The rear step of Jones's garbage truck punctured the radiator of Gilliam's garbage truck, causing more than $13, 000 in damage to Gilliams' truck. The collision rendered Gilliam's garbage truck inoperable, and it needed to be towed. Bruce Matzdorf, the City's Department of Public Works' Streets and Sanitation Leadman, upon learning of the collision, went to the Transfer Station. Matzdorf took Jones, who is white, for a post-accident drug test. He did not take Gilliam, who is African-American, for a post-accident drug test. Both Jones and Gilliam gave the City written statements regarding the accident. The City obtained video of the accident from Waste Management's cameras. Sandra Rohrick, the City's Director of Human Resources and Labor Relations, spoke with Tom Ross, who was in Gilliam's garbage truck at the time of the collision, and Jason Brill, who was the other member of Jones's sanitation crew on June 8, 2017.

         David Biebel, the City's Director of Public Works, Rohrick, and Jason Blasiola, the City's Streets and Sanitation Superintendent (collectively, “City Management”), reviewed the information gathered. City Management concluded that Jones violated work rules when he backed his vehicle without a spotter. City Management also concluded that Jones's inattentive driving was the cause of the accident. They also concluded that Gilliam could not have safely backed up in accordance with the City's work rules once he stopped. Because of the severity and avoidability of the accident, City Management was no longer comfortable with Jones operating vehicles for the City. Because the Maintenance Worker I duties require, at least from time to time, operating large vehicles, City Management did not believe that reassigning Jones was a viable solution to its concerns. As a result, the City terminated Jones employment on June 20, 2017.

         In this lawsuit Jones alleges that the City of Sheboygan discriminated against him on the basis of race and color when it terminated his employment. The City has moved for summary judgment.


         “The court shall grant summary judgment if the movant shows that there is no genuine dispute as to any material fact and the movant is entitled to judgment as a matter of law.” Fed.R.Civ.P. 56(a). A fact is “material” only if it “might affect the outcome of the suit” and a dispute is “genuine” only if a reasonable factfinder could return a verdict for the non-movant. Anderson v. Liberty Lobby Inc., 477 U.S. 242, 248 (1986). In resolving a motion for summary judgment, the court is to “construe all evidence and draw all reasonable inferences from the evidence in” favor of the non-movant. E.Y. v. United States, 758 F.3d 861, 863 (7th Cir. 2014) (citing Gil v. Reed, 535 F.3d 551, 556 (7th Cir. 2008); Del Raso v. United States, 244 F.3d 567, 570 (7th Cir. 2001)). “The controlling question is whether a reasonable trier of fact could find in favor of the non-moving party on the evidence submitted in support of and [in] opposition to the motion for summary judgment.” White v. City of Chi., 829 F.3d 837, 841 (7th Cir. 2016).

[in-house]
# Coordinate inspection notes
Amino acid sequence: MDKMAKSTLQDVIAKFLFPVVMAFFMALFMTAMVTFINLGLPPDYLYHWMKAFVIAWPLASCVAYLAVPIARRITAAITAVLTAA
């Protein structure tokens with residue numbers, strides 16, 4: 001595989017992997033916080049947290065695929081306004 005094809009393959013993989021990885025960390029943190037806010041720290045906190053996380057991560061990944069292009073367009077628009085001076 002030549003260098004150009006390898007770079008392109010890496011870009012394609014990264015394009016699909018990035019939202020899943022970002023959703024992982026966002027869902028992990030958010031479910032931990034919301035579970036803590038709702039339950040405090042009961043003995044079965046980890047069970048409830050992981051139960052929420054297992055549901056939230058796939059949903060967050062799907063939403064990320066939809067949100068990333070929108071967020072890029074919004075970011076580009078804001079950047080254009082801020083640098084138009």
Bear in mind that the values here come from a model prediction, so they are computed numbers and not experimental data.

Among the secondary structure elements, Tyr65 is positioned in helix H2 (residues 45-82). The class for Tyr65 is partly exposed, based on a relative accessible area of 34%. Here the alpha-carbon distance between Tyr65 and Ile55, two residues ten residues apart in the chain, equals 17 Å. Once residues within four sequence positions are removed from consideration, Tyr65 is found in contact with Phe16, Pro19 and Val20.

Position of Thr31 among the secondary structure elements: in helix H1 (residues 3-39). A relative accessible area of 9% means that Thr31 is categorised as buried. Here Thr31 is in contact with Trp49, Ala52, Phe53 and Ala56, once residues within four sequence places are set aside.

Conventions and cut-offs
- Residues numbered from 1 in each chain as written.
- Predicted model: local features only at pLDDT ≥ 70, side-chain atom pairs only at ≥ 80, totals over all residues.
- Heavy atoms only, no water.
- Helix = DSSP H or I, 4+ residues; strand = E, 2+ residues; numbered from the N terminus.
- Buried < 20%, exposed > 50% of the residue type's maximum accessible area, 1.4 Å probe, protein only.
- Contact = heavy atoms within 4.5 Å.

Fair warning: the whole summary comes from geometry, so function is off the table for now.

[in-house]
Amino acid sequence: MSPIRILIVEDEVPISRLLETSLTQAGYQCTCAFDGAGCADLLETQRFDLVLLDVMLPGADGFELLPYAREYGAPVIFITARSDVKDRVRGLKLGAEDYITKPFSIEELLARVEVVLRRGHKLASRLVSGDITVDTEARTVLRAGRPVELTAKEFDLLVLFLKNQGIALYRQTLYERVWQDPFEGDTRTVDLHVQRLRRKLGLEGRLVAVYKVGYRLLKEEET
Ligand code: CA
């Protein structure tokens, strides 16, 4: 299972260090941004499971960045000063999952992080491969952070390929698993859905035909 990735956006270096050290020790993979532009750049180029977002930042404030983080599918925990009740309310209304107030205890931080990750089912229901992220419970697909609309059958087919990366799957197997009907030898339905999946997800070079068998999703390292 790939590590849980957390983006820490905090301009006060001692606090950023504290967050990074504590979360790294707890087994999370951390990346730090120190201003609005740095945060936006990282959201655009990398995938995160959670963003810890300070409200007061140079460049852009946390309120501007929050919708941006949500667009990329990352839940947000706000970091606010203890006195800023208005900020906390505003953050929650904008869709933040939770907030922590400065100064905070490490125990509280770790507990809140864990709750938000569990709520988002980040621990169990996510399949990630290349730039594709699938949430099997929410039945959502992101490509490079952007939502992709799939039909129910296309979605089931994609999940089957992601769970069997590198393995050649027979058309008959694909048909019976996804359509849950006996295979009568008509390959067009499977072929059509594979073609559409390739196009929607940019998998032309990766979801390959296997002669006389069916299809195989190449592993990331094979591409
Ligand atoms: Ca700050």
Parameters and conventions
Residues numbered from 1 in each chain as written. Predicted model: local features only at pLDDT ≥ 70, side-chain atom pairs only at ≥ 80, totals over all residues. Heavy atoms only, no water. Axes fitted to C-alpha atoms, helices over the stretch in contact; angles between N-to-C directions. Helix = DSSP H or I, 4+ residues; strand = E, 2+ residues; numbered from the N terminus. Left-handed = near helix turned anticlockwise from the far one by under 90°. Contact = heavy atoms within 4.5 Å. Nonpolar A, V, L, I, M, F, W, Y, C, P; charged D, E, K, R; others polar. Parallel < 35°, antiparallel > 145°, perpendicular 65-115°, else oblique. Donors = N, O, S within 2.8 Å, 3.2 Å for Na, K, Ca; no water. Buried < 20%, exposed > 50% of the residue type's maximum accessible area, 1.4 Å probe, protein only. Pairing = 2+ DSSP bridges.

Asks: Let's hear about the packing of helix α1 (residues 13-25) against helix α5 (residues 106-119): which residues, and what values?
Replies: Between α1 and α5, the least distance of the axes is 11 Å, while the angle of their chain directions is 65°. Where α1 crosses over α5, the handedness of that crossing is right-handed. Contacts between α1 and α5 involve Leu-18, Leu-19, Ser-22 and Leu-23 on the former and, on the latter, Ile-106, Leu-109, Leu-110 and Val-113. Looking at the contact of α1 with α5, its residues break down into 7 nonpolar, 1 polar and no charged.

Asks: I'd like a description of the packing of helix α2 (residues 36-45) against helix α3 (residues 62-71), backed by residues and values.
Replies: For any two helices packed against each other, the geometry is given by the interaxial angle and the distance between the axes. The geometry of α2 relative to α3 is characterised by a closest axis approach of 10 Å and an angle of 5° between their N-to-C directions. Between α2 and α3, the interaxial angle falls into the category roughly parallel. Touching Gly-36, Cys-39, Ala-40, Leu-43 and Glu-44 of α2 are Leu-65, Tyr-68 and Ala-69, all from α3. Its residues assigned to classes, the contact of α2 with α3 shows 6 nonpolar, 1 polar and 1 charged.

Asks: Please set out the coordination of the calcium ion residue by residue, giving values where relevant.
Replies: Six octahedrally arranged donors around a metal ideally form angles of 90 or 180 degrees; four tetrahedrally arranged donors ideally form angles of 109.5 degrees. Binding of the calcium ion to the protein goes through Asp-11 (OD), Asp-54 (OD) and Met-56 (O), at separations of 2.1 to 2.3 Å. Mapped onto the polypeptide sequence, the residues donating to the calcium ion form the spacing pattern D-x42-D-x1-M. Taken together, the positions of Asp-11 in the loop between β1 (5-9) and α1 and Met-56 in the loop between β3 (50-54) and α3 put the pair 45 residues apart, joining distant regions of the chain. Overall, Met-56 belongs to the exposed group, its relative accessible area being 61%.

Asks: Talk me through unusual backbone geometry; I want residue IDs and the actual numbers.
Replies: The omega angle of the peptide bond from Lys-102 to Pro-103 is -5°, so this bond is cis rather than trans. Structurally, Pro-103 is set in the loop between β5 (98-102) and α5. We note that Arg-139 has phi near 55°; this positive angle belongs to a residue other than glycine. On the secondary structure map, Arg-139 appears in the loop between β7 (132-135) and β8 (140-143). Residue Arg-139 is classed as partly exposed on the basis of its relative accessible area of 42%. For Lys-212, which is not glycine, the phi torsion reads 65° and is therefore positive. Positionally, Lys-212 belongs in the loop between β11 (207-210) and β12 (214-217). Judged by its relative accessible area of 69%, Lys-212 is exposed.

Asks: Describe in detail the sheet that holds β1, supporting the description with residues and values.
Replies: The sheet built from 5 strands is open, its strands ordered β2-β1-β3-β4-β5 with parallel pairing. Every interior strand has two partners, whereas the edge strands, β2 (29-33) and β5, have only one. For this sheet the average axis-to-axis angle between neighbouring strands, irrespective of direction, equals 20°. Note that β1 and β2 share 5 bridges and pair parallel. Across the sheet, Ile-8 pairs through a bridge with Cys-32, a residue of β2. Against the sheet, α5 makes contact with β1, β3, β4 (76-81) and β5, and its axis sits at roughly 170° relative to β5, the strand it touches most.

The City contends that it had a legitimate reason for terminating Jones: because he caused a serious and avoidable accident. It contends that his race and color were not a factor in the City's decision. Much of the City's brief in support of its motion for summary judgment focuses on the allegations in Jones's complaint, arguing that Jones “has not pled facts to suggest the City discriminates against whites” (ECF No. 23 at 23) and Jones “has not pled facts to show he was treated worse than similarly situated non-white employees” (id. at 25). But the sufficiency of the complaint is a matter for a motion to dismiss; at summary judgment the ...